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THIS IS A TRUE STORY THAT HAPPENED IN MY LIFE BACK IN 1954. IT IS ONE OF MANY THAT WILL HOPEFULLY THIS YEAR COMPLETE MY MEMOIR - ENTITLED: A JOURNEY OF ROSES AND THORNS.
It was a hot summer day. Harry had stopped by Grandma's house and offered to take the two little girls down to the store and treat them to an ice-cream cone. Grandma, thinking this was his way of making amends for the last incident, agreed.
Anyone seeing that slow-moving Model T with those two little giggling girls with their arms dangling out the rolled down windows, would have thought all was well in Lorneville. But they would have been wrong, for the car was going in the wrong direction.
Picking up speed, the car rounded the bend with those little girls and the tires squealing, both of which made uncle Harry very excited. Suddenly, he stomped on the gas pedal, driving it to the floor as they sped at break-neck speed toward the cliff at the end of Point Road, finally coming to a screeching stop inches from the edge. Mum said Harry laughed like a crazy man and called them little chicken-shits for crying.
That was the day Grandma told Harry never to come near her girls again, or she would castrate him. Aunt Gladys, when hearing of what he had done, was devastated, but like those two little girls, she too was afraid of him. She was afraid of what he might do to her, and their son, Alva(Buddy) if she were to leave him. For these reasons, she stayed.
Now all these years later, I stood in the doorway with all my bunches of wild sea-salt roses, hoping and praying, Mum wouldn't be mad at me for running my new sandals.
Except for the sound of the rocking chair moving back and forth on the linoleum floor, it was quiet in Grandma's kitchen when I arrived.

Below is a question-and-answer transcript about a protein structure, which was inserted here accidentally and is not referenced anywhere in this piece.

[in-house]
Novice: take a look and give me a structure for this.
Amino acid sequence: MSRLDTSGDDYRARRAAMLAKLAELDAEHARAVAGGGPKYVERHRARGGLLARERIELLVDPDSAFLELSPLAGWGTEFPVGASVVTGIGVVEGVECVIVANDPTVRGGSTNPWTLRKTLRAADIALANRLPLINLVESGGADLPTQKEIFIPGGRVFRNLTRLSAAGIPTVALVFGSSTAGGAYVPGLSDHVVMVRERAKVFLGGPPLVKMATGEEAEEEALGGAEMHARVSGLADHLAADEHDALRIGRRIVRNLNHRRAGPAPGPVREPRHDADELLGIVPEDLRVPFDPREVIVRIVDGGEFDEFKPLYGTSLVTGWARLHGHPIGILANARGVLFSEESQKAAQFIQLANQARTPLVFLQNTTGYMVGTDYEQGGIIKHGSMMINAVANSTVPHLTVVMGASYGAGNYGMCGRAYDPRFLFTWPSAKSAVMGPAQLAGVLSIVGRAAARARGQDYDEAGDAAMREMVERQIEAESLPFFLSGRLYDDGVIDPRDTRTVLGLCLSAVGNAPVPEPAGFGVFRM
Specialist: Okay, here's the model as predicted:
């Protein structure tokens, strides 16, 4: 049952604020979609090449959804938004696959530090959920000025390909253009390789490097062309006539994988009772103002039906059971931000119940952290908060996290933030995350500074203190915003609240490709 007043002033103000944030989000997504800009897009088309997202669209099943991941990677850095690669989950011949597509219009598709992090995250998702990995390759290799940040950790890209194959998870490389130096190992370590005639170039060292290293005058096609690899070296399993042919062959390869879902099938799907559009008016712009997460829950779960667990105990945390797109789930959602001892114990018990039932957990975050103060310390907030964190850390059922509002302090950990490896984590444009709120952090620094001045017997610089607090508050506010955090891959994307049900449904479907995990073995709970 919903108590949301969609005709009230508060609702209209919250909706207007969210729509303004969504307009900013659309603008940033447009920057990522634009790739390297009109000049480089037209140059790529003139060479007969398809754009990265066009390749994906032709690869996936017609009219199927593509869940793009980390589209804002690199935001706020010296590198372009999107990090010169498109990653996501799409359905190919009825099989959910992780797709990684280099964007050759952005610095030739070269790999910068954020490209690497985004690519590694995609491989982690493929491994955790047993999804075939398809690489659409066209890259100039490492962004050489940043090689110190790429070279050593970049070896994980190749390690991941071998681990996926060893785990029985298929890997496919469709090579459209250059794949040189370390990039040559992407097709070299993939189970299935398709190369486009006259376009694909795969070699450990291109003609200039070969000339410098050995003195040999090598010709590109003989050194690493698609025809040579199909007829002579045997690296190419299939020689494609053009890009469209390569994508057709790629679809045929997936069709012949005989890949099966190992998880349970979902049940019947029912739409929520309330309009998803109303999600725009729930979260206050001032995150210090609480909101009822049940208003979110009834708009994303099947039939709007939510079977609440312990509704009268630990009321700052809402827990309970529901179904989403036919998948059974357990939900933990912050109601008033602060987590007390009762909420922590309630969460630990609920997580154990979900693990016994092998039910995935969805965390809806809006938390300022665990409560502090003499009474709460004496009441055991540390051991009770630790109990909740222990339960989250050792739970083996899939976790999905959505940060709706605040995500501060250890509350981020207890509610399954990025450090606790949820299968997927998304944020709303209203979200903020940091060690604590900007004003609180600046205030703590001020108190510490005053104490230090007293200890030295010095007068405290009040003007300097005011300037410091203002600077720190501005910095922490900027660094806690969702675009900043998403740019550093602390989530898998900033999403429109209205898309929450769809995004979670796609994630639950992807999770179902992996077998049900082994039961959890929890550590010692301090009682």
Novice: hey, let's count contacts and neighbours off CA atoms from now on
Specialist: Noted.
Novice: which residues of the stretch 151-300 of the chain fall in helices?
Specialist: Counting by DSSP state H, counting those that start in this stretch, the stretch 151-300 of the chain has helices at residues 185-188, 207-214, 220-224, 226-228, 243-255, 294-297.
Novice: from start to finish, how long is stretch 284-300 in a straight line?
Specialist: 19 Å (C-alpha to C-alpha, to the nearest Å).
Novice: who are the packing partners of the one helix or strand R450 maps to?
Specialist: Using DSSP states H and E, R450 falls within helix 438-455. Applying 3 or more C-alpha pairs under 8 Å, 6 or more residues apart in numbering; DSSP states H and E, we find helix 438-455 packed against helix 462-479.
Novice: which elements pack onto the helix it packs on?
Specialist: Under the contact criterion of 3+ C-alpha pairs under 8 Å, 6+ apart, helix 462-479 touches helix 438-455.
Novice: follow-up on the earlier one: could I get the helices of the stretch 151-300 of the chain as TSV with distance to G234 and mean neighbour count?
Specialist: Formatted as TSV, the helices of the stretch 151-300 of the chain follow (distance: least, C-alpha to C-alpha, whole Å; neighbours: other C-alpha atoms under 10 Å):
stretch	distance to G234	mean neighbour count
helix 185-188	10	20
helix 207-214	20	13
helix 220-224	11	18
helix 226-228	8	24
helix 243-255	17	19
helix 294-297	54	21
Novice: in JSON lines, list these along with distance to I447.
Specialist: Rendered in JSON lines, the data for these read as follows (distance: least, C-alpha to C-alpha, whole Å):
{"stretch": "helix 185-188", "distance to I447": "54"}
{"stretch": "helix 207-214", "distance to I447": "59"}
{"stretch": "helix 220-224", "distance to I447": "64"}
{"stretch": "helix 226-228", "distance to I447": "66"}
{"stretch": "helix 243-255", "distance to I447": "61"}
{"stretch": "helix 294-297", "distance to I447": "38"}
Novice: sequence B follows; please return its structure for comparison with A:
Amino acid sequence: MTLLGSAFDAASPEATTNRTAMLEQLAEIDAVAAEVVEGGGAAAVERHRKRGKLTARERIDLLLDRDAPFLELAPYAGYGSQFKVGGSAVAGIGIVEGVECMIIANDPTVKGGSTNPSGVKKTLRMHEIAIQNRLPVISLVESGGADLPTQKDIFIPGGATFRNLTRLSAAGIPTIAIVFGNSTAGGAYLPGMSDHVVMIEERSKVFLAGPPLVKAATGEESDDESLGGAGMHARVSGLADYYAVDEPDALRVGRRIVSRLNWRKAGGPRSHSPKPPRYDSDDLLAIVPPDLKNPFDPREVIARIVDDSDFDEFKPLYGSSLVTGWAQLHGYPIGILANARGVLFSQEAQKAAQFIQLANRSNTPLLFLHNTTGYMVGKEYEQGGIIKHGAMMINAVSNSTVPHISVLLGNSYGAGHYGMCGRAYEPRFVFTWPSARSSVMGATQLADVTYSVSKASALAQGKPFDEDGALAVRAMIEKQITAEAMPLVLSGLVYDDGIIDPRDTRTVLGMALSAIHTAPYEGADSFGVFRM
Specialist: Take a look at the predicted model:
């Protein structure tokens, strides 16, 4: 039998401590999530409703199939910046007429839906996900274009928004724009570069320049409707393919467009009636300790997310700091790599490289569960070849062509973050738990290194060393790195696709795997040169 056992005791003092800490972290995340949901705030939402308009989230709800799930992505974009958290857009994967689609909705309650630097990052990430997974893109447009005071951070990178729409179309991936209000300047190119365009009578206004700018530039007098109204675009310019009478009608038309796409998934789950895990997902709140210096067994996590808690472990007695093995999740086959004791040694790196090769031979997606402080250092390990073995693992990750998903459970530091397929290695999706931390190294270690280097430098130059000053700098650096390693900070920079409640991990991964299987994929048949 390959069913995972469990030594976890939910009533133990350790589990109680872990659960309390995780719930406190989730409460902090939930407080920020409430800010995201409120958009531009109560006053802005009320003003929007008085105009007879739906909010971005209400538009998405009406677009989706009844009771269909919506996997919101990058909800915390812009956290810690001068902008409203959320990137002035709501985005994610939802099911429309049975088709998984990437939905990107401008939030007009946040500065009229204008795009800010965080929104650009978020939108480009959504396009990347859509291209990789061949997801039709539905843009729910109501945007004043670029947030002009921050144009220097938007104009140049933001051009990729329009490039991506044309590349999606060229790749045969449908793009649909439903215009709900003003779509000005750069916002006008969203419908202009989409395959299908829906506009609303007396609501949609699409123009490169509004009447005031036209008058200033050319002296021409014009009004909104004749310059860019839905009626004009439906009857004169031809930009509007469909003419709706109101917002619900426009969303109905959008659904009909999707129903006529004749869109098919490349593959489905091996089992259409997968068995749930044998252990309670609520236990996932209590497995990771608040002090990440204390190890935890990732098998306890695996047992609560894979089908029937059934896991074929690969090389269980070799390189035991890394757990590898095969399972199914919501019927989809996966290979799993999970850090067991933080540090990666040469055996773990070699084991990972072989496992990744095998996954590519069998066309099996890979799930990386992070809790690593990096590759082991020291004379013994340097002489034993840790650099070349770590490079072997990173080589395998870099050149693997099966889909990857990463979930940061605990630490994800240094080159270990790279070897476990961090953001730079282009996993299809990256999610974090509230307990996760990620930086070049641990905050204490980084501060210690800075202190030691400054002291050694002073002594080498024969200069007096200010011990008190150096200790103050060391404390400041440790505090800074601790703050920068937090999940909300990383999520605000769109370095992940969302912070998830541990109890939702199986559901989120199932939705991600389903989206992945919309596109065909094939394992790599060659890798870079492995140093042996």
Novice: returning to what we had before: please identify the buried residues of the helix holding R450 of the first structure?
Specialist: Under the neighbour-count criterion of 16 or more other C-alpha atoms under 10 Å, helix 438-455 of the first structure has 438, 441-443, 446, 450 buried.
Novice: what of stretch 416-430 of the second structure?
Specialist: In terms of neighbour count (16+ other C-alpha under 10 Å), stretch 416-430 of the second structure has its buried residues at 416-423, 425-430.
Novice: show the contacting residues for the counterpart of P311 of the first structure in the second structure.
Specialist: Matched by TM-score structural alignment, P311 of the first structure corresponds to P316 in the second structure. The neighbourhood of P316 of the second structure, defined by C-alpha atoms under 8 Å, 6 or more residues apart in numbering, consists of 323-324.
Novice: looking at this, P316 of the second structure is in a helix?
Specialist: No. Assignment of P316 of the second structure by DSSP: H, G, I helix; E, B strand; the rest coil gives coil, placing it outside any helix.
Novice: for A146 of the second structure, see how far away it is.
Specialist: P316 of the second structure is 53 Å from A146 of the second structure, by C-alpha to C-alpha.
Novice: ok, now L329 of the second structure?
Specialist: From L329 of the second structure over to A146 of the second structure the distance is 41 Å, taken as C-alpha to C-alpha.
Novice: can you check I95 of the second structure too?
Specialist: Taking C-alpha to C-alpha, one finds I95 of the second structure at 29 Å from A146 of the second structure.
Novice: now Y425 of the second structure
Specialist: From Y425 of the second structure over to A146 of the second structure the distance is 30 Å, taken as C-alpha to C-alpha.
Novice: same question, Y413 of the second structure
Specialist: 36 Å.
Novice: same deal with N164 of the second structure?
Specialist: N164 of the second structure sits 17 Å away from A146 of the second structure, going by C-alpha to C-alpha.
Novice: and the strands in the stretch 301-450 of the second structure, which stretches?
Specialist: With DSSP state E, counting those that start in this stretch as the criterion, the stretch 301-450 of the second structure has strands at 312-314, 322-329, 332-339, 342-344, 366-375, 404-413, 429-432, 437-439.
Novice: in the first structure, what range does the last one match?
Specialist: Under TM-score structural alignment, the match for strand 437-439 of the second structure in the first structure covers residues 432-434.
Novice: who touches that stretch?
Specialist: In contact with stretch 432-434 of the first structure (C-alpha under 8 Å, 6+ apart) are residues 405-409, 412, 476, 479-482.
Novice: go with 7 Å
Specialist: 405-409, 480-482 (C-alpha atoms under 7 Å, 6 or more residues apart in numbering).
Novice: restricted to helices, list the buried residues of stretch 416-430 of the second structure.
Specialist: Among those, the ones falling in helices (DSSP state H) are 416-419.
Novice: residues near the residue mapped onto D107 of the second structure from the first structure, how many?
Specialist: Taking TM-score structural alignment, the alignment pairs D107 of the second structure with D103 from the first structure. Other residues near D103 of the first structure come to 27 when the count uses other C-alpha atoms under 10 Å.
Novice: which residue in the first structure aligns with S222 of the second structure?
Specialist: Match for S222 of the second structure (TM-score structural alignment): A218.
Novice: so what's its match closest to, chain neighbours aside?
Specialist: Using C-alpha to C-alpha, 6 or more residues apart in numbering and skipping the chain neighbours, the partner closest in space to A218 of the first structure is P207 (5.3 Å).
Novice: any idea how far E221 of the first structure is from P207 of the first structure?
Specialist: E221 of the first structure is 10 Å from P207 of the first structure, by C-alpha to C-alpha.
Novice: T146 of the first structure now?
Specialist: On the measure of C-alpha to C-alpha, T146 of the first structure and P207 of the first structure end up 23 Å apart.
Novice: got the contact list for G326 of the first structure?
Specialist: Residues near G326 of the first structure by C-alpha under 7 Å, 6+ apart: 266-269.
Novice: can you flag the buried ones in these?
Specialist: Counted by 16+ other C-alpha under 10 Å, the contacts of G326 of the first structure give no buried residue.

As the screen door slammed behind me, Grandma opened her eyes and sat up straight.
"Where is everyone," I asked?
"Gladys didn't show up today, so your Mother went home," Grandma replied. "How would you like a piece of chocolate cake and a glass of milk," she asked?
" Yes, please! " I replied.
Before Heading home, Grandma, using one of her magic home remedies, was able to get the tar off my shoe. Just a tiny, hardly noticeable stain remained.
Oh! how I loved Grandma.
I had forgotten the roses at Grandma's house, so I picked some more, then headed home. Our home consisted of a few rooms converted into an apartment on the upper floor of Mr. and Mrs. Chidicks house, situated at the end of Point Road. An old dilapidated barn, an outhouse, and a field of weeds and wild strawberries, separated the house from the Bay of Fundy.
Dad, a soldier, was stationed at Gage Town, so it was just the three of us, who early that evening heard the wailing in the stairwell. I opened the door to see what was going on. It was aunt Marie coming up the stairs on her hands and knees, sobbing, uncontrollably, filling that narrow stairwell with those heart-wrenching words: GLADYS IS DEAD! GLADYS IS DEAD!
It was the RCMP who delivered this devasting news to my Grandparents on that 8th day of June, in 1954. The death certificate ruled her death as a SUICIDE and the cause of death, a GUNSHOT WOUND TO THE HEART.
Neither the Police or RCMP ever did a case investigation. They instead, accepted the word of the Coroner, and a jealous, ill-tempered, mean-spirited man, who insisted Gladys shot herself.
Was it possible this gentle-spirited woman who was so terrified of guns, SHOT HERSELF?
She was laid to rest in the Lorneville cemetery. Some who lived close by said they often, throughout the years that followed, saw Harry, standing at her grave, wailing like a baby.
Grief, as thick as the fog that sometimes rolled in over the Great Atlantic, hung over our family for the rest of the summer. Dad got transferred to Camp Bordon, so in August we packed our few earthly belongings and moved to Barrie, Ontario in time for me to start the new school year.
I never saw Harry again, but from time-to-time through the years would recall that day when aunt Marie, being so heartbroken, couldn't find the strength to stand and climb those stairs.
One summer my Mother and Brother and I, traveled back to Lorneville and visited our relatives now buried in the Lorneville Cemetary, (Grandma, Grandpa, many aunts, and uncles, and cousins). We laid wild roses on their graves.
We found Gladys in Lot 157 and laying right beside her, Harry. Till death do us part, so the story goes, and I wonder, yes I wonder, if there is any justice in this world?
Copyright © Elaine George | Year Posted 2018